Caution urged for kids on ATVs

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All terrain vehicles are fun for children to ride but should not be treated like toys, a certified ATV safety instructor cautions families.

“I think it’s an absolutely great sport, there’s a lot of fun to be had. It opens up a lot of country that you can get into, but (operators) need to be trained and they need to respect the machines,” said David Burnett.

ATV use is higher in Saskatchewan than in other provinces due to access to an abundance of rural areas and that means a greater potential for accidents.

Burnett recalled the story of a 12-year-old Saskatchewan female driving an ATV with a friend aboard when she pulled in front of a semi-truck.

“Fortunately, it just clipped the machine, rolled it in the ditch and the girls were OK, but I understand the parents did have charges laid against them,” he said.

Children represent a disproportionate number of ATV accidents, which injure more kids each year than dirt bikes, jet skis, go-carts, scooters and snowmobiles.

The average age of individuals treated at emergency departments in Canada for ATV-related injuries is 15, according to the Saskatchewan Prevention Institute’s website.

In 2009-2010, 3,000 people were hospitalized with ATV injuries in Canada, a figure that does not include emergency room visits and fatalities.

“The biggest problem we’ve had since day one with these machines is that Dad and Mom want the kids to ride an adult sized machine, and those machines are just physically too big,” Burnett said.

A full-sized ATV can reach speeds between 90 and 150 km/h but even ATVs in the 125 cc range, designed specifically for children between ages 12 and 15, can reach nearly 50 km/h.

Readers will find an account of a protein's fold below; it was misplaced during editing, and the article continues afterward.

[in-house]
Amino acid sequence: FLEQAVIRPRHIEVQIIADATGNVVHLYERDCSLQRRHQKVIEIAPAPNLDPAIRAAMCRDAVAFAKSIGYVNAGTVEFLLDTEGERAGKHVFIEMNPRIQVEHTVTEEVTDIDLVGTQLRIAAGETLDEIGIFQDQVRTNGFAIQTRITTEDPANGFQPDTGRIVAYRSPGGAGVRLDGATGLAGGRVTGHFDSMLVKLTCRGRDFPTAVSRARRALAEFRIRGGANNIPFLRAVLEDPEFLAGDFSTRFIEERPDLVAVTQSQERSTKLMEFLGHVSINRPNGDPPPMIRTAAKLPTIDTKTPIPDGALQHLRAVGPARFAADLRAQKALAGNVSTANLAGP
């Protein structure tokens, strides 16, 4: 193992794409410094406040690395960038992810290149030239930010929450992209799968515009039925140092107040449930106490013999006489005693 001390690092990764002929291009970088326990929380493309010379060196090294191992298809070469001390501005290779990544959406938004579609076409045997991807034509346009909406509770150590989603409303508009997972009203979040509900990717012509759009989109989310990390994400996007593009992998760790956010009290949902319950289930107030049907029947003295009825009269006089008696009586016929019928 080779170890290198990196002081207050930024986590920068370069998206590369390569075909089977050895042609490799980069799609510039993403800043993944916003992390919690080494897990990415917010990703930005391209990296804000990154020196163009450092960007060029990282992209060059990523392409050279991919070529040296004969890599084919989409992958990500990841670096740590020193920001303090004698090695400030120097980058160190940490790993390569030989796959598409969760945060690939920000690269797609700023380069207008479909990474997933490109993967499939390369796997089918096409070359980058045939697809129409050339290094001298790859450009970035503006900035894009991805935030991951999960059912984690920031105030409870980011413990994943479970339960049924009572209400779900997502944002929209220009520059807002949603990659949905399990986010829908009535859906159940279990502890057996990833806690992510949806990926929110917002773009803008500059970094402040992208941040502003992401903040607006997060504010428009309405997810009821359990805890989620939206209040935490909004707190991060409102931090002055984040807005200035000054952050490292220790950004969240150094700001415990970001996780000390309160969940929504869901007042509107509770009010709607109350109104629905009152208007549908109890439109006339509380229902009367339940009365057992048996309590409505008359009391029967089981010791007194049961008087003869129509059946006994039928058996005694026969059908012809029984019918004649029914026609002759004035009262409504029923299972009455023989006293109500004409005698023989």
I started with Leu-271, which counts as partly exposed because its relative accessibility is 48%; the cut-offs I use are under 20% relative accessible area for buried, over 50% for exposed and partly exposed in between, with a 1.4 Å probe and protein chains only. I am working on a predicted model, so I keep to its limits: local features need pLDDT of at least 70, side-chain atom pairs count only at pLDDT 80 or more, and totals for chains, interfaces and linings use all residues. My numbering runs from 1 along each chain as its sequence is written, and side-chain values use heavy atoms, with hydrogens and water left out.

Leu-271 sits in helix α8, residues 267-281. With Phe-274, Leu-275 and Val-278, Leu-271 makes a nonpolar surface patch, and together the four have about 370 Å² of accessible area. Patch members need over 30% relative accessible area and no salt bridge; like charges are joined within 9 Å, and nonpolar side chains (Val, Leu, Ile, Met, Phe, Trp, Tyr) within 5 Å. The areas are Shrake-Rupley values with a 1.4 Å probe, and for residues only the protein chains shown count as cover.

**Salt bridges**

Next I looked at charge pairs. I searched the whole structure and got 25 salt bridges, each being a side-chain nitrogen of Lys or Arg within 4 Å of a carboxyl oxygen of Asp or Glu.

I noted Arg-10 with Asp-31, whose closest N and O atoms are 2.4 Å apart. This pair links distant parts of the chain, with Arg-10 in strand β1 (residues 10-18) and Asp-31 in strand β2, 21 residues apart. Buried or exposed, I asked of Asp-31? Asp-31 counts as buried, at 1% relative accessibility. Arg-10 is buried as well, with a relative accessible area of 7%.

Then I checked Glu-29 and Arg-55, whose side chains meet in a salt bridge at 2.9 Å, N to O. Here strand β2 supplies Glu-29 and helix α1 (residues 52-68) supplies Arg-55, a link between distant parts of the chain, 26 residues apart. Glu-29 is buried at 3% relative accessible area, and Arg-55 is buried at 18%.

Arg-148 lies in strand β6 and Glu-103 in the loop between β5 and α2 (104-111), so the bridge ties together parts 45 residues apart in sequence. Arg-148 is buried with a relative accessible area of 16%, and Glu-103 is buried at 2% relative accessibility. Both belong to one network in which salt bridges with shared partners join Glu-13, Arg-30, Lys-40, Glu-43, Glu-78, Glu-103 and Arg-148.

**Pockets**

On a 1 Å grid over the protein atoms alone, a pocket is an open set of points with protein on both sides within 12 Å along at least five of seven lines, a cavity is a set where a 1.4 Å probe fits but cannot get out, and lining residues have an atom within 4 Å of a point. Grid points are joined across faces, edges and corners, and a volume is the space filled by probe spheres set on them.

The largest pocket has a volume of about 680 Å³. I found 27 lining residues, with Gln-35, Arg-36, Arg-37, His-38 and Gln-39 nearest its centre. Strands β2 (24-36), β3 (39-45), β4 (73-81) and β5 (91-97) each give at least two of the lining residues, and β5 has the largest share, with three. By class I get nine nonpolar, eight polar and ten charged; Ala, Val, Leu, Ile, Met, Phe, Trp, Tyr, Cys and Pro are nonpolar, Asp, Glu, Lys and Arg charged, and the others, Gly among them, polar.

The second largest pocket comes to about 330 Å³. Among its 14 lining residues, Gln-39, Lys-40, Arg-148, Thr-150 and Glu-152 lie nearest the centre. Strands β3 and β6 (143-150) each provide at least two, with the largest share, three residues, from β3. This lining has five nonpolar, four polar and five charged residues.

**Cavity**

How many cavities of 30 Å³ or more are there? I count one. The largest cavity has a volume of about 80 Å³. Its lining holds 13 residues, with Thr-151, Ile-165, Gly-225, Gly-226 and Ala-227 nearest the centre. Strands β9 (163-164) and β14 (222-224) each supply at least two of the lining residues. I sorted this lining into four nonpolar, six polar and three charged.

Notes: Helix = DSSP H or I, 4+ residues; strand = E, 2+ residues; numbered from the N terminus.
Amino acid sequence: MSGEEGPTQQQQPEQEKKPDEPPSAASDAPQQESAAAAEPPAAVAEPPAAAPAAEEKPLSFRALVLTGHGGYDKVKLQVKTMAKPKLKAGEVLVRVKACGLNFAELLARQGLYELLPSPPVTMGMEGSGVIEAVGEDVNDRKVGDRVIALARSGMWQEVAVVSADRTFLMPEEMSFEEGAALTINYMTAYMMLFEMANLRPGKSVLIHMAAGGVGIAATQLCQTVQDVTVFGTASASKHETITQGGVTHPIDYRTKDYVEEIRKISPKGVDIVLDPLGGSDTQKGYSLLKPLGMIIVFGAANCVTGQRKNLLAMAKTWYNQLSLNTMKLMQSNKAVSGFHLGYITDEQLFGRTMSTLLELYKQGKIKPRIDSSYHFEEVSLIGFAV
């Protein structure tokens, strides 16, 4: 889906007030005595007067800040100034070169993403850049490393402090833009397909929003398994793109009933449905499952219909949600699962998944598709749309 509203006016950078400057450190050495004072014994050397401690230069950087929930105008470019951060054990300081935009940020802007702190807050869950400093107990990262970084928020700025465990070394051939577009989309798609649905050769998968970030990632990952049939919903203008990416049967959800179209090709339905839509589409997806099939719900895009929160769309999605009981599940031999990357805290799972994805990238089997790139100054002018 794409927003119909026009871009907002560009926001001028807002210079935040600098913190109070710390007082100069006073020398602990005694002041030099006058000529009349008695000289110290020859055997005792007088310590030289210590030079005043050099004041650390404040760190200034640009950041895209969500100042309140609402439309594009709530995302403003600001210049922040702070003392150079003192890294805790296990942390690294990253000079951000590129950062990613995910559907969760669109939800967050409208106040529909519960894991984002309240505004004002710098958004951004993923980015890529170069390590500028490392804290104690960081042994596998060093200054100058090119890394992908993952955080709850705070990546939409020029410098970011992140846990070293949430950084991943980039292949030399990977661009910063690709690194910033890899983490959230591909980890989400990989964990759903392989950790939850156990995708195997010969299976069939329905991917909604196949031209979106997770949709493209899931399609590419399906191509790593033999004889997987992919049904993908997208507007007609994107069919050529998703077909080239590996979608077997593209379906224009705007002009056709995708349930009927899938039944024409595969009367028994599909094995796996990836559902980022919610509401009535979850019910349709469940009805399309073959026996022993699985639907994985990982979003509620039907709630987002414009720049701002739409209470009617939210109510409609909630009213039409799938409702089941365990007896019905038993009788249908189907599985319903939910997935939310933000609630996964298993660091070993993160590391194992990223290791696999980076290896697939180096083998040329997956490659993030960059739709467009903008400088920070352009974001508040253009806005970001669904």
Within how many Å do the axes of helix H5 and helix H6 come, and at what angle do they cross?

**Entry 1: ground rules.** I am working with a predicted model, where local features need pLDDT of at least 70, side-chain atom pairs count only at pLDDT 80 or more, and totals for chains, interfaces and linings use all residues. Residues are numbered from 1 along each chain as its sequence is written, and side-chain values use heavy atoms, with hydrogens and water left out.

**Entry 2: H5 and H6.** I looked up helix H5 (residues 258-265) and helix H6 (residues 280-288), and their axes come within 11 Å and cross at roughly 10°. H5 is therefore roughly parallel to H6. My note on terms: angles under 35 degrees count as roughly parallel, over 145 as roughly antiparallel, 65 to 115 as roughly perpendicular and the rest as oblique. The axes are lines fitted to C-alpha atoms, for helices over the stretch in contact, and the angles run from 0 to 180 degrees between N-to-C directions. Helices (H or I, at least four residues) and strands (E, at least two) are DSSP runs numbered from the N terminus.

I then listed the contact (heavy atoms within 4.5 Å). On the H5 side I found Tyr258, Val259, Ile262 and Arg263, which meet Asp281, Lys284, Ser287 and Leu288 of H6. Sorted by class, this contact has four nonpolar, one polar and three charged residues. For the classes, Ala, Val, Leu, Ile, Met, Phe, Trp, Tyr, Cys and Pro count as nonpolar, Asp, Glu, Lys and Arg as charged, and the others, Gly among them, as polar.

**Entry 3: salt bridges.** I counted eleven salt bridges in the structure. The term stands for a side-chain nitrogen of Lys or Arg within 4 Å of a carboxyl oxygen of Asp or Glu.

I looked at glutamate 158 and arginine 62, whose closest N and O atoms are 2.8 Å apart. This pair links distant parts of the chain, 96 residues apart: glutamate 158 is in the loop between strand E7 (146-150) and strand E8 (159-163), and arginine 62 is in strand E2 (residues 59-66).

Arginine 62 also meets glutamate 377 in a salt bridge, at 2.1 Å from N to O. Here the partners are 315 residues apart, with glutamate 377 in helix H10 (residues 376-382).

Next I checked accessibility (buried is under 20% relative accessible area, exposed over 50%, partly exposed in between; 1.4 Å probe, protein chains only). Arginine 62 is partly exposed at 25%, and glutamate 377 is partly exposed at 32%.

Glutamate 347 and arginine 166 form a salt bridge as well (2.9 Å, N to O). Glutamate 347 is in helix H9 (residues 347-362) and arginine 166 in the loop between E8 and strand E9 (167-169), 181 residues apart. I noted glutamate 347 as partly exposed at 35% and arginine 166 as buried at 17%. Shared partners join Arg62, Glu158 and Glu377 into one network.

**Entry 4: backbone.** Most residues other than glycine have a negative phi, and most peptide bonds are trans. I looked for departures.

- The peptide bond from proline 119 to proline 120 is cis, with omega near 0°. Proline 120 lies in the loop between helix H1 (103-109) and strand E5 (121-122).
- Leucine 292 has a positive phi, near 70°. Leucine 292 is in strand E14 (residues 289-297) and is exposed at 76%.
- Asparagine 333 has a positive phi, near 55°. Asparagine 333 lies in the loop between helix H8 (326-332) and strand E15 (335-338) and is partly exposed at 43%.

Burnett stressed the importance of training.

“Unfortunately, most people have got some very poor riding habits and I honestly don’t think people do it on purpose. It’s because they either haven’t thought a situation through or they haven’t been shown a better way to do things,” he said.

“Now you’ve got parents who never had any training teaching their youngsters how to do it and it’s kind of magnifying the mistakes that they made when they were younger.”

Burnett leads one-day safety courses for 11 years and under, 12 to 15 years and 16 years and older. A parent must accompany a child under 12 taking the course and costs range between $50 and $100.

“You end up teaching (parents) as much as the child,” he said.

Aylsham, Sask., resident Glen Gray, director of the Saskatchewan All-Terrain Vehicle Association, has been riding ATVs for about 20 years but signed his family up for a safety course when his teens got their first machines three years ago.

“I wanted them to have a little more experience on (the ATVs) before we got into the more challenging areas,” he said.

“I learned a lot of stuff even though I was an avid ATV rider before. I’ve done lots of ATVing and I found the course very beneficial. Beneficial for the kids and for the parents.”

Burnett said safety equipment must fit the rider.

“I use an analogy where you don’t expect a youngster to wear Dad’s work boots so why would you expect him to wear his dad’s helmet or drive his dad’s ATV? If it doesn’t fit, then it’s not safe,” he said.

He also reminds parents to make sure kids never cross roads or carry passengers, noting ATVs made for riders under 16 are not designed for more than one person.

“Most of the deaths that we have are where there’s two or more people on an ATV. They’re usually under 16 and they’re crossing a road and get hit by a vehicle,” said Burnett.

  • Over the past five years, an average of 447 Canadian children under the age of 15 were hospitalized every year for ATV-related injuries. For those aged 15 to 19, there was an average of 506 admissions per year.
  • From 2003 to 2007, an average of 179 Canadians died each year from ATV-related trauma. Almost 40 percent were under 20 years old.
  • www.satva.ca
  • www.preventioninstitute.sk.ca/child-injury-prevention.
  • www.cps.ca/documents/position/preventing-injury-from-atvs
  • Wear an approved helmet certified by DOT or Snell for use on an ATV.
  • Take approved ATV training.
  • Wear safety gear, including eye protection and protective clothing such as gloves, long pants and boots.
  • Never ride under the influence of drugs or alcohol.
  • Never carry passengers or ride as a passenger on ATVs designed for one rider.